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The portrait above and it’s title “I Love Myself” are big indications of the changes Aubrey has made since graduating from the program. Her case manager at Passage described her as “a kiddo who struggled significantly with hallucinations, suicidal ideation, and low self-worth.”

Aubrey was 14 years old when she was at Northwest Passage, in January 2013. She came to Prairieview struggling with schizoaffective disorder, which is a mental health “condition in which a person experiences a combination of schizophrenia symptoms – such as hallucinations or delusions – and mood disorder symptoms, such as mania or depression” (

Today, Aubrey is attending Harford Union High School half days and helping her mom clean houses after school sometimes. She is getting along with her family very well and they spend a lot of time together doing many things like hiking, taking pictures, making jewelry, and cooking. She has made several friends, who she enjoys spending time with but it can be difficult because Aubrey and her friends are all busy with jobs and schoolwork.

During her stay with us she learned to use coping skills and has discovered that many of them work well for her out in the community. She takes pictures, walks, journals, and uses mindful skills every day.  “If I am nervous in school or at home, or even in busy stores, I use music or deep breathing to stay calm,” explained Aubrey.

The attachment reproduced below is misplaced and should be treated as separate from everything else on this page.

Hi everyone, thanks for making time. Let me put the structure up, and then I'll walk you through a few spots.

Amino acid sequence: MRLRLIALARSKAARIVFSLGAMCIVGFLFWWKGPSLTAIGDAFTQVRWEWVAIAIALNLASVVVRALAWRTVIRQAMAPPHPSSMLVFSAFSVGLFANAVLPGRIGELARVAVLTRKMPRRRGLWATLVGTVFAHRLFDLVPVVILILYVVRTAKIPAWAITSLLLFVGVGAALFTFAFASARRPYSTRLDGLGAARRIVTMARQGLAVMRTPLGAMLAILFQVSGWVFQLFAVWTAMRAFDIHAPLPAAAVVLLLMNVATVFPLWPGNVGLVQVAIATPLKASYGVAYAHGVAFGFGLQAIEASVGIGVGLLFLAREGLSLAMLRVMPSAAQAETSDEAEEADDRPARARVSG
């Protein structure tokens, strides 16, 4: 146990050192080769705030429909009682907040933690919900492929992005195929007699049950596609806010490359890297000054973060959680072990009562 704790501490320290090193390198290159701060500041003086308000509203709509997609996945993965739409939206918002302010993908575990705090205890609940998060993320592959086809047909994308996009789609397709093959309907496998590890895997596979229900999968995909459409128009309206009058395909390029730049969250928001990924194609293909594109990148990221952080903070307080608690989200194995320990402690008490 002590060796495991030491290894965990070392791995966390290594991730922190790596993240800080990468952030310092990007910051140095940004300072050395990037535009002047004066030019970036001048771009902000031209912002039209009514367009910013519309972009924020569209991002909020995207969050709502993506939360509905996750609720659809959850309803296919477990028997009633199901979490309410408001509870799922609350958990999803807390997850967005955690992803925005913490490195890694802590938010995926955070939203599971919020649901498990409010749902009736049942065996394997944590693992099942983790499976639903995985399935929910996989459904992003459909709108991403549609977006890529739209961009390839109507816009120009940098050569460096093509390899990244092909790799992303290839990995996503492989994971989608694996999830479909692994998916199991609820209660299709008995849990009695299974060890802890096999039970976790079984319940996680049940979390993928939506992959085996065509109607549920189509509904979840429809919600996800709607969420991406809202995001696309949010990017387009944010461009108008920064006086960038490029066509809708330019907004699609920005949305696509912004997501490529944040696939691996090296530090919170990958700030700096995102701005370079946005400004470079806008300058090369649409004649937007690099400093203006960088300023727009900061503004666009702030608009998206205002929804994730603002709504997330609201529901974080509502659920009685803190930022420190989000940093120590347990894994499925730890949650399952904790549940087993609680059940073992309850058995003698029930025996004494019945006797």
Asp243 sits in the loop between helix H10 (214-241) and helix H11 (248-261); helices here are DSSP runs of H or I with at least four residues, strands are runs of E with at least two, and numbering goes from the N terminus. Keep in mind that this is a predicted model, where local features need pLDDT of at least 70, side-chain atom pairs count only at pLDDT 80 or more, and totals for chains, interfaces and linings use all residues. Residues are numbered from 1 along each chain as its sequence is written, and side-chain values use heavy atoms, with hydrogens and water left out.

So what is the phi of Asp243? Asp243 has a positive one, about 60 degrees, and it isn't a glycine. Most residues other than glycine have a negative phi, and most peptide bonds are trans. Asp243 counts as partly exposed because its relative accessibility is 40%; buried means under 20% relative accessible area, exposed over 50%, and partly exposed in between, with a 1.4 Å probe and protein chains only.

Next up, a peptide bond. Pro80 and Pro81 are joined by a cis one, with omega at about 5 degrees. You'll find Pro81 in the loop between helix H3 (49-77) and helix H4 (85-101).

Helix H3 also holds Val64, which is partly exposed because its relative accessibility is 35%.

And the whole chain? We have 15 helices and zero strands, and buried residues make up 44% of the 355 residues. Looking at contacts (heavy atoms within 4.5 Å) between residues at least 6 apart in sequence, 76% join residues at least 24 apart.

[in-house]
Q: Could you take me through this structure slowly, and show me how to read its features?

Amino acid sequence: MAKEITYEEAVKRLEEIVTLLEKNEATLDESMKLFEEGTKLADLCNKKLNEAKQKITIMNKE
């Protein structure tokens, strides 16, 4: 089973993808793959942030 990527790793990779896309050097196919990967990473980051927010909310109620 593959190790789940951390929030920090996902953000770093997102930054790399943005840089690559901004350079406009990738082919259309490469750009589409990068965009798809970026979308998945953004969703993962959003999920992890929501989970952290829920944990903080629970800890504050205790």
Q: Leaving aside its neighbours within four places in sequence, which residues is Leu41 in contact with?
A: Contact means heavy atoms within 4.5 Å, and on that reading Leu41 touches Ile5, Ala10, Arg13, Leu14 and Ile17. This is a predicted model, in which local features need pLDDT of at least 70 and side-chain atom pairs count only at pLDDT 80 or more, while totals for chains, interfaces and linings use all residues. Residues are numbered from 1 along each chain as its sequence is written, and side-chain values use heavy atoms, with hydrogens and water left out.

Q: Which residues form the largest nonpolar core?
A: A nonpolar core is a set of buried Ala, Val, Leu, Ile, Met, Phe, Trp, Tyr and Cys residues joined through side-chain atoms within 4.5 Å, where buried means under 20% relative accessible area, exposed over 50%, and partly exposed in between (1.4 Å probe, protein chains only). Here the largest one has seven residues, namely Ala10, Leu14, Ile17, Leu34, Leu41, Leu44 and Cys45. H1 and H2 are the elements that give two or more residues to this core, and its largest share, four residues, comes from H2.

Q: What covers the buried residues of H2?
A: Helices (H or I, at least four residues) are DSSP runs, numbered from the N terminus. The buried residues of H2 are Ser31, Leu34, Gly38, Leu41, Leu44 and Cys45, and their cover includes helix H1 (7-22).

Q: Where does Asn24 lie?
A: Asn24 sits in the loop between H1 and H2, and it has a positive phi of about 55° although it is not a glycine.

Right now she is focused on finishing high school this year and wants to keep pursing photography.

Northwest Passage is mindful of where are kids go after they graduate from our programs. In our nearly 40 years of development, we have learned that real, sustainable change occurs when our clients connect with their community, explore their identity, develop their passions, appreciate time in nature, attend to their relationships, discover effective recreational opportunities, learn healthy nutritional habits, and move their bodies. Many of the kids keep in touch with us and let us know how they are using what they have learned.


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